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Icap AGM on 10th November 2012. Voting for new directors. Are you happy with the share price of your icap? Your destiny is in your hand

Posted by kcchongnz at Nov 4, 2012 12:46 PM | Report Abuse
3 comment(s). Last comment by biancheong at Nov 12, 2012 11:51 PM
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biancheong
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Posted by biancheong > Nov 12, 2012 10:54 PM | Report Abuse

It appears that most had agreed with the conclusion by the FM (fund manager) that share buyback is detrimental particularly to the long term benefits of ICAP.biz shareholders.
I would like to offer my 2 cents worth of counter considerations.
1) FM argue that the cash used to buy back shares will deprive shareholders the opportunity to compound that sum of cash at 18% annual rate (ICAP’s average rate of compounding) and that other companies e.g. Berthshire may be ok to buy back as they continue to generate new cash flow whereas ICAP being a closed end fund do not have such new stream of cash. Is this argument correct??
At 18% compound return, $1 will become $2 in 4 years time. So it is true that if RM10M cash is used for share buyback today, the NAV will presumably be smaller by RM20M in 4 years time.
BUT the RM10M cash did not vanished; it is just converted and kept as ICAP treasury shares. In 4 years ICAP NAV/per share double and so we expect its share price will also double assuming the same discount exist then. Should the discount narrowed (in fact most including the PM himself do believe it will narrow or may even become a premium) the price would be more than double. When that happens the treasury shares can be selling back to the market and used for other higher return investment.
So it appears that share buyback at a discount particularly at higher discount than the compounding rate of NAV is a no lose proposition.
More over when the RM140M cash is just earning 1.5% net return( deducting FM's fee of 1.5%)it is not exactly meaningful to assume it can compound at 18% while it is certainly closer to the truth that the ICAP shares bought back will compound at higher rate than 1.5%! and closer to the assumed 18% rate.
As pointed out by Peter Lim the cash used up for share buyback will reduce the NAV by the same amount and hence reduce the FM's fee which appear to be a win loose proposition and if such will not be good for all in the long run. What we want is to ensure alignment of FM and shareholder's interest. But this is only a short term lost to the FM. Longer term when the treasury shares is sold back into more cash the FM will also be rewarded.
Now let us consider share buyback in the case of non closed end fund listed companies e.g. Berthshire. It is true that Berthshire generate plenty of new cash flow yearly while ICAP does not, but it is the same for Berthshire that the cash it used up to buy back its own share will by ICAP's FM same argument also deprive Berthshire's shareholder the opportunity to compound at Berthshire long term rate of ROE(return on equity)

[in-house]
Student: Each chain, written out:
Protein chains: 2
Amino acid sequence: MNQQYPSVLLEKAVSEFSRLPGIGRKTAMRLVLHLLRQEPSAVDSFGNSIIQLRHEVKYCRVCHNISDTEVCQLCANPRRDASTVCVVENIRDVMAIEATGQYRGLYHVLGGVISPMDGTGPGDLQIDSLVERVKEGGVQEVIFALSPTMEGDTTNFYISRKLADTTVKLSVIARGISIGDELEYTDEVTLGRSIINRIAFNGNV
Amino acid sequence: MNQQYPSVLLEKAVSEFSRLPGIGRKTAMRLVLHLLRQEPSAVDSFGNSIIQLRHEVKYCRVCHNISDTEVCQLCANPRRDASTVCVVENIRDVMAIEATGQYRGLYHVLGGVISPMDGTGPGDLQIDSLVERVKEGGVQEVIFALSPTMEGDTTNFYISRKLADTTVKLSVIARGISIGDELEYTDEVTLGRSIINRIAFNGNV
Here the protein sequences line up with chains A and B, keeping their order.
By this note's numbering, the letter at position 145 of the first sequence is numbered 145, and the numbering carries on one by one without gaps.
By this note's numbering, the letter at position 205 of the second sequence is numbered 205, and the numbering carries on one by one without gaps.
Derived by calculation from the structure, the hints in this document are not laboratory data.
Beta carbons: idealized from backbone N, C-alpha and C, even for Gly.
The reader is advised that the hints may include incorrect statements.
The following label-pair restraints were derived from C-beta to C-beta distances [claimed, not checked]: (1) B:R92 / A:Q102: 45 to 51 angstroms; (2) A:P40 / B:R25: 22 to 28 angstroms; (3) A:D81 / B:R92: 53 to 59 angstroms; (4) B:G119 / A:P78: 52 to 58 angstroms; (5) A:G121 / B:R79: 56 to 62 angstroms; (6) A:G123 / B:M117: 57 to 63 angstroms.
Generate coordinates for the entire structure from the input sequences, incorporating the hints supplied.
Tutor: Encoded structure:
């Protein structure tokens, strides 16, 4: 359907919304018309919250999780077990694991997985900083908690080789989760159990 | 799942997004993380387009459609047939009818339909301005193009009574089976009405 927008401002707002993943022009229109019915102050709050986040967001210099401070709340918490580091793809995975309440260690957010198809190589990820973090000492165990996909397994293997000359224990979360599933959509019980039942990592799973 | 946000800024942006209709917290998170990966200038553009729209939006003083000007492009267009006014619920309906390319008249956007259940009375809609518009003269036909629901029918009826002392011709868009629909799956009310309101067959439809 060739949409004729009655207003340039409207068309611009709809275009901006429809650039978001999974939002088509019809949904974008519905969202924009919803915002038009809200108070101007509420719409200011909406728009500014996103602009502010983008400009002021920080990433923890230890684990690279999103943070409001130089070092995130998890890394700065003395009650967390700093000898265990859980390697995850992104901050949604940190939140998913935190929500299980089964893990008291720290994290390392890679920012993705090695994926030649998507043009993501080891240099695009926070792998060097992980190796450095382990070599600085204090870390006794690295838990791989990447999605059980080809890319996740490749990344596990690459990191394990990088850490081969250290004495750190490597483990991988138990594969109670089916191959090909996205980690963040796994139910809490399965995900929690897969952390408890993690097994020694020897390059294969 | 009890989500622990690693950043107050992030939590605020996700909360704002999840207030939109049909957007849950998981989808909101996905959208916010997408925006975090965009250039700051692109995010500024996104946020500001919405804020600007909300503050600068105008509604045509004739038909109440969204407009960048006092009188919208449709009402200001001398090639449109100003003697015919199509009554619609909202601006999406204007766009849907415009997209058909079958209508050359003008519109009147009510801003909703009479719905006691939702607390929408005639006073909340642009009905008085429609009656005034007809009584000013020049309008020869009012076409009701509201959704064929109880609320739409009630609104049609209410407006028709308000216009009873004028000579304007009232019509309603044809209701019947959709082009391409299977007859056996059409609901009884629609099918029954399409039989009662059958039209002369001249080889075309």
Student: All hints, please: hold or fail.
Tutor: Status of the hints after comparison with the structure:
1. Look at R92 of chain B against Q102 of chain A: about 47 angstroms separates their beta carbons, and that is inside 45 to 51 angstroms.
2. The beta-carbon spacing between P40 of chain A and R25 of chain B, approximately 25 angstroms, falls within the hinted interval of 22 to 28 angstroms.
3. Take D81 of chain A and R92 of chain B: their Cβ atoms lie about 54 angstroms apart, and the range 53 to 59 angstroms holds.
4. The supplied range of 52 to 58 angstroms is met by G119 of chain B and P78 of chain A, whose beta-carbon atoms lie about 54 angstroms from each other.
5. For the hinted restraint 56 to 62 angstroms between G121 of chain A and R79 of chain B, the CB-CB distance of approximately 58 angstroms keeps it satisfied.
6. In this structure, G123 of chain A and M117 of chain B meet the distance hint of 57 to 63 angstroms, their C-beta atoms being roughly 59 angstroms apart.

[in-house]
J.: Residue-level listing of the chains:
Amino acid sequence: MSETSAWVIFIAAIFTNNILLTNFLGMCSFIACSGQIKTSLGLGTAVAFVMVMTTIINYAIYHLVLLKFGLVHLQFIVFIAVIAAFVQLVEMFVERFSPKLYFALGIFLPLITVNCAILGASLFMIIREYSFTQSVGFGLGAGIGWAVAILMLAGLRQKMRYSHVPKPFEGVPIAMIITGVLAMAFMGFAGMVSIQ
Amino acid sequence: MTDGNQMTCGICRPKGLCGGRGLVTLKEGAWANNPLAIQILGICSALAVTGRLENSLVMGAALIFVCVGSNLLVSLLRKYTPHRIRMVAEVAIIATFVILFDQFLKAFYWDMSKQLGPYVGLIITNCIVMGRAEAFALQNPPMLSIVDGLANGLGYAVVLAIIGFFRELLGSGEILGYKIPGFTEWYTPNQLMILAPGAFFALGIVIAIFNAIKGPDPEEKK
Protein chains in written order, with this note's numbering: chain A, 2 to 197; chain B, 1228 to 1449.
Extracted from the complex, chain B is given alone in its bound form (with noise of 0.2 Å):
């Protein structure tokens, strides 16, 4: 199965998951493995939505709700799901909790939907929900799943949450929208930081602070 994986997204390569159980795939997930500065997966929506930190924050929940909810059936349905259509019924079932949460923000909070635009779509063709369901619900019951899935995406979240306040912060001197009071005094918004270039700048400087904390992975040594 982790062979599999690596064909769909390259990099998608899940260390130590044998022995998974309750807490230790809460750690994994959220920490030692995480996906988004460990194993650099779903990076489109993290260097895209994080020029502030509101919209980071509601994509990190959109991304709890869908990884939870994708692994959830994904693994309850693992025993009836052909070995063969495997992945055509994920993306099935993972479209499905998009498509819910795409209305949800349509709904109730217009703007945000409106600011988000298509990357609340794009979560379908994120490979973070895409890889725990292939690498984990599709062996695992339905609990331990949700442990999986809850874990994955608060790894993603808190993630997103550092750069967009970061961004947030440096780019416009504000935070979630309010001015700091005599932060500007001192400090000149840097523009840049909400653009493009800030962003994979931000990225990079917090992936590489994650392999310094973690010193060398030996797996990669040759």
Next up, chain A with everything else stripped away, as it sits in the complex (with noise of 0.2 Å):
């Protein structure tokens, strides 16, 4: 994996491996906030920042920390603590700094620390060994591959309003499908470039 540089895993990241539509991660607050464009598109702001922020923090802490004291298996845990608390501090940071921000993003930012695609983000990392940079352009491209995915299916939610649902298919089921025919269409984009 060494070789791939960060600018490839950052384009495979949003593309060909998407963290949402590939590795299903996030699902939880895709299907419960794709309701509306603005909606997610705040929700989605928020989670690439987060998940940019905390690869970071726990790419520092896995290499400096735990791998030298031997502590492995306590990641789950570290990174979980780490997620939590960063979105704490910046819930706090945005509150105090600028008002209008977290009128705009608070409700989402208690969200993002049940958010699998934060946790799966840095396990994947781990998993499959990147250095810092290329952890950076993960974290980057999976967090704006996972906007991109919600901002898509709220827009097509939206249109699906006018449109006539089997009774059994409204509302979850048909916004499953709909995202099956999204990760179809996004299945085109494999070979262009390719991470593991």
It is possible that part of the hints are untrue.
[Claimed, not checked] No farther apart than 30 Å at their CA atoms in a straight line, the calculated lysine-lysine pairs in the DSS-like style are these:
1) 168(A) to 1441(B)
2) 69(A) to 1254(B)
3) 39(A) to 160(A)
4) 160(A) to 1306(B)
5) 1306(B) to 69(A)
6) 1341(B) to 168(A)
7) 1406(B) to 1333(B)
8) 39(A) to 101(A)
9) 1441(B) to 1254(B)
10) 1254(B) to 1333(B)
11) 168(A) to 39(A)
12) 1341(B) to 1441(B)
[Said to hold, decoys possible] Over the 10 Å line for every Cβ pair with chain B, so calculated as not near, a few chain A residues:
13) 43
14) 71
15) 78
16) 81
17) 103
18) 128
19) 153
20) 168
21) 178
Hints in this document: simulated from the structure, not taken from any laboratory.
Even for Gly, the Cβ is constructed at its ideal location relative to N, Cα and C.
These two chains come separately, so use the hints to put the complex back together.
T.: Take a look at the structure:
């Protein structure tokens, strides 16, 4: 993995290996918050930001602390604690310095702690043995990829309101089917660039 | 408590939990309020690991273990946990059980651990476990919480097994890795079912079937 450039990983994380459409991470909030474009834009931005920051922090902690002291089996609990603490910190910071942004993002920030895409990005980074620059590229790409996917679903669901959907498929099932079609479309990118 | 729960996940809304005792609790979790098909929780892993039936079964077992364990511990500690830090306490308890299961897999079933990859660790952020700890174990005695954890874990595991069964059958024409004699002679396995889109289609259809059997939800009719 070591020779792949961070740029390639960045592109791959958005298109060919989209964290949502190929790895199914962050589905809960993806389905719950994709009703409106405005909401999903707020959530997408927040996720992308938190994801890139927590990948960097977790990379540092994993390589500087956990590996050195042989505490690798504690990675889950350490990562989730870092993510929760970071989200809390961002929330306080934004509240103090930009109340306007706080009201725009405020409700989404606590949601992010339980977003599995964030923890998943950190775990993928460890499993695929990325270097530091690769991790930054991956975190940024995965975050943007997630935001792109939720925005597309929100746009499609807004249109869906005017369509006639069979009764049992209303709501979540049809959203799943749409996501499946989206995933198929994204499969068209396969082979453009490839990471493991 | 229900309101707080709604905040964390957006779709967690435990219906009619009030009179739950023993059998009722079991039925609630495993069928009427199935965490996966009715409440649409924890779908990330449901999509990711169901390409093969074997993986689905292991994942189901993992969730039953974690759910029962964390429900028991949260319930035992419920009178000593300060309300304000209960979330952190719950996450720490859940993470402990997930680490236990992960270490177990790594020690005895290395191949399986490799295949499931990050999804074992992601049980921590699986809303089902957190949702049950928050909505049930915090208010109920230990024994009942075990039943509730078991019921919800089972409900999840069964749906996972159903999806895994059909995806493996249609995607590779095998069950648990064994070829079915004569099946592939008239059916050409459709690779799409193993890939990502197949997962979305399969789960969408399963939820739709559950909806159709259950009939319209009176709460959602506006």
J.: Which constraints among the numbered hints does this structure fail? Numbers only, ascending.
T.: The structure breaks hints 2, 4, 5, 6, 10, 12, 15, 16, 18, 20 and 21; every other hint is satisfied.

Generate more new cash is not relevant in this consideration. Simply the pertinent consideration is weighing the potential return versus its attendant opportunity cost.
Hence there is really no critical difference in share buyback for close end fund vs. that of non close end fund companies.


biancheong
3 posts

Posted by biancheong > Nov 12, 2012 11:11 PM | Report Abuse

Read the edge financial daily interview of TTB on 7 Nov in which he mentioned that ICAP.biz may consider paying dividends if shareholders want it. Why consider paying dividend when he is against share buyback whcih he say will deprive the fund of cash for investment.
Paying dividend will reduce cash for ever while share bought back can be converted back into cash in future.
Can not follow his reasoning??


biancheong
3 posts

Posted by biancheong > Nov 12, 2012 11:51 PM | Report Abuse

On 9 Nov Star in an apparent rebukes to Laxey earlier press statements that TTB had overtsated ICAP.biz performance vs that of KLCI benchmark as the index ( used by TTB) was not adjusted for dividend yield.

TTB said: "Despite the fact that the FBM KLCI pays dividend, its performance has lagged that of iCapital.biz, which is a non-dividend paying fund, as can be seen from its first annual report of 2006. If the KLCI pays no dividends, its underperformance would be even worse,”

If TTB uses the KLCI index without adjusting for its dividend he is overstating ICAP.biz performance(against the understated KLCI since KLCI has a dividend yield). If this is not true than he should answer this straight to the point. Instead what he say is rather confusing and misleading.

So let me ask openly here did he used an adjusted(for dividend)KLCI?? If Yes he is not overtstaing ICAP performance if NO he is overstating his performance.

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